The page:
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engineering and technology

Digital twins takes robot control to the next level

digital twin
A digital twin with robot. Photo by prof Tauno Otto.
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A digital twin is a virtual model of an industrial robot, whereas the real robot operates in synchrony with its virtual twin. This means that algorithms are used to connect various links and sensors of a particular computer model to a real robot, forming a pair of digital twins. While currently, the signal travels from a digital twin to a real robot and back with some delay, it will operate smoothly in the conditions of a 5G network. The areas of application of industrial robots, i.e. digital twins, range from the electronics industry and mechanical engineering to manufacturing of self-driving cars.

Recently Vladimir Kuts defended his doctoral thesis, “Novel Digital Twin Development Methodology for the Robot Cell Connectivity in a Smart Industry Environment,” at the Department of Mechanical and Industrial Engineering of Tallinn University of Technology.

A supervisor of the doctoral thesis, Professor of the Department of Mechanical and Industrial Engineering Tauno Otto, says, “The thesis aimed to improve the control of modern industrial robots by creating digital twins that allow better and safer control of technological devices in the manufacturing process.”

The goal of Vladimir Kuts’s doctoral thesis was to analyse the operation of digital twins to develop a novel mechanism that would function smoothly regardless of the distances. The relevant tests were carried out in the laboratories of Tallinn University of Technology and its cooperation partner, the Institute of Industrial Technologies and Automation of the National Research Council of Italy (CNR). The researchers developed a novel model, where digital twins are connected via a middle layer platform between the virtual environment and the real robot controller.

“As a result of the doctoral thesis, for the first time a new communication method has been developed where industrial robot control and programming does not depend on the human presence factor any longer,” Professor Otto says.

Another value of the digital twins lies in the fact that while an industrial robot is operating, a new operation can be programmed on the digital twin and tested in simulations at the same time. This is a significant achievement, given the fact that 1 minute of a manufacturing process carried out by an industrial robot requires 45 minutes of programming that can now be done without interrupting the manufacturing process.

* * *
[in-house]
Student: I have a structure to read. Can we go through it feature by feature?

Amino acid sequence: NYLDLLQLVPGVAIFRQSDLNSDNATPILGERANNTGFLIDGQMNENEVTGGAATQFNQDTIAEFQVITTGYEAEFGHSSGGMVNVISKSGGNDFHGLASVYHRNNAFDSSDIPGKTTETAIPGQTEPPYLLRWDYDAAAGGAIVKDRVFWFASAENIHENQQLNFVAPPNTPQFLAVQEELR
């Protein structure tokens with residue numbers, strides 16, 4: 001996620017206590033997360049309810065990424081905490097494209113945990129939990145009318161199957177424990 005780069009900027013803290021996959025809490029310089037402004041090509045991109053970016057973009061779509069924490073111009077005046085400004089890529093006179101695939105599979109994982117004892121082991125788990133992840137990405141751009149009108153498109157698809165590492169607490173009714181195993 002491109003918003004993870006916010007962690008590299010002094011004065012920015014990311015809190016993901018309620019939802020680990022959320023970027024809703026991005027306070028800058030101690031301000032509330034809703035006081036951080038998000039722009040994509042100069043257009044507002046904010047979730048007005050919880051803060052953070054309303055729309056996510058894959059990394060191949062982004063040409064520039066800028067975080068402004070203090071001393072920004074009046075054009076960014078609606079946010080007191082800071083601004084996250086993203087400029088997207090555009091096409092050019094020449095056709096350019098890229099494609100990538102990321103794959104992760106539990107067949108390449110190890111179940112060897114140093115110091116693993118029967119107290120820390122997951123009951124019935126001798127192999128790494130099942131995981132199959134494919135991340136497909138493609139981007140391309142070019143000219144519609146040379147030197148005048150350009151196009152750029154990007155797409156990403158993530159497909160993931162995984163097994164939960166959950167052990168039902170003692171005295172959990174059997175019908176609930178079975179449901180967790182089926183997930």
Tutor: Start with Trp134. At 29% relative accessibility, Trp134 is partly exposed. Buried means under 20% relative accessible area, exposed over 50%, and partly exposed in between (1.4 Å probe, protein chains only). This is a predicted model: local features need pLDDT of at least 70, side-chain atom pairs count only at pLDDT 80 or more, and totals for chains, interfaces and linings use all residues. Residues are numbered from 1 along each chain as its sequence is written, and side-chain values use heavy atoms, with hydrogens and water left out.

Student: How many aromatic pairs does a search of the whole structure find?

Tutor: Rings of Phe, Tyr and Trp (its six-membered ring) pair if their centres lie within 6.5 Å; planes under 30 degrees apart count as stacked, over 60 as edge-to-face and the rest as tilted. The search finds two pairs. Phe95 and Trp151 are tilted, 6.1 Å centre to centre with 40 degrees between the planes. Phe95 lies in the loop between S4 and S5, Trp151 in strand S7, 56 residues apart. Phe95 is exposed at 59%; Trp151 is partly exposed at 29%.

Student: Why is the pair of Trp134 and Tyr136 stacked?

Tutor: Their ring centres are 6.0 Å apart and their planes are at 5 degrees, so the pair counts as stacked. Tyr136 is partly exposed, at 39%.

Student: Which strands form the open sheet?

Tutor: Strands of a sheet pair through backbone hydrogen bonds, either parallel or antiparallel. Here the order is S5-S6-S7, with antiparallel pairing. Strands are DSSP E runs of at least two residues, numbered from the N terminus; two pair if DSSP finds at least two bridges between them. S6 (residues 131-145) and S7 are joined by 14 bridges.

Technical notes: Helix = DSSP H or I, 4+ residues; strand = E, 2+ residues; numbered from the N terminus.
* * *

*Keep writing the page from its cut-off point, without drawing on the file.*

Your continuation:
The third added value of digital twins is significantly improved safety, e.g. no physical human presence is required to correct or reprogram robotics algorithms, the operations can be carried out virtually, i.e. by remote control.

“The primary value of the doctoral thesis is the developed simulation environment in virtual reality based on the principles of Industry 4.0. Exploiting the digital twin’s concept not only in the means of simulation but to develop a digital twins creation methodology of the dual-way synchronisation based on the example of the industrial robotic cell enables management and control of the factory from the simulation in real-time,” Professor Otto says.

Professor Otto adds, “The doctoral thesis has already attracted attention also overseas – in September Vladimir Kuts visited USA at the invitation of the U.S. National Institute of Standards and Technology (NIST), where a cooperation agreement was signed between NIST and TalTech.”

Computer control was first introduced in industry in the middle of the last century, to be more specific in 1949, when the first computer-controlled machine tools were introduced in Massachusetts Institute of Technology (MIT). At that time, their cost was so astronomical that targeted support was provided for that by the US Department of Defense.  The first industrial robots were introduced in 1960. Today, the production cost of computer-controlled technological equipment has decreased considerably, whereas their functionality has improved and application areas have expanded significantly.

The supervisors of the doctoral thesis were Associate Professor Toivo Tähemaa and Professor Tauno Otto (Tallinn University of Technology).

The opponents were Dr Jeremy A. Marvel, (National Institute of Standards and Technology, USA) and Dr Geza Haidegger (Institute for Computer Science and Control, MTA SZTAKI, Hungary).

Additional information: Professor of the TalTech’s Department of Mechanical and Industrial Engineering Tauno Otto, tauno.otto@taltech.ee

Kersti Vähi, TalTech Research Administration Office

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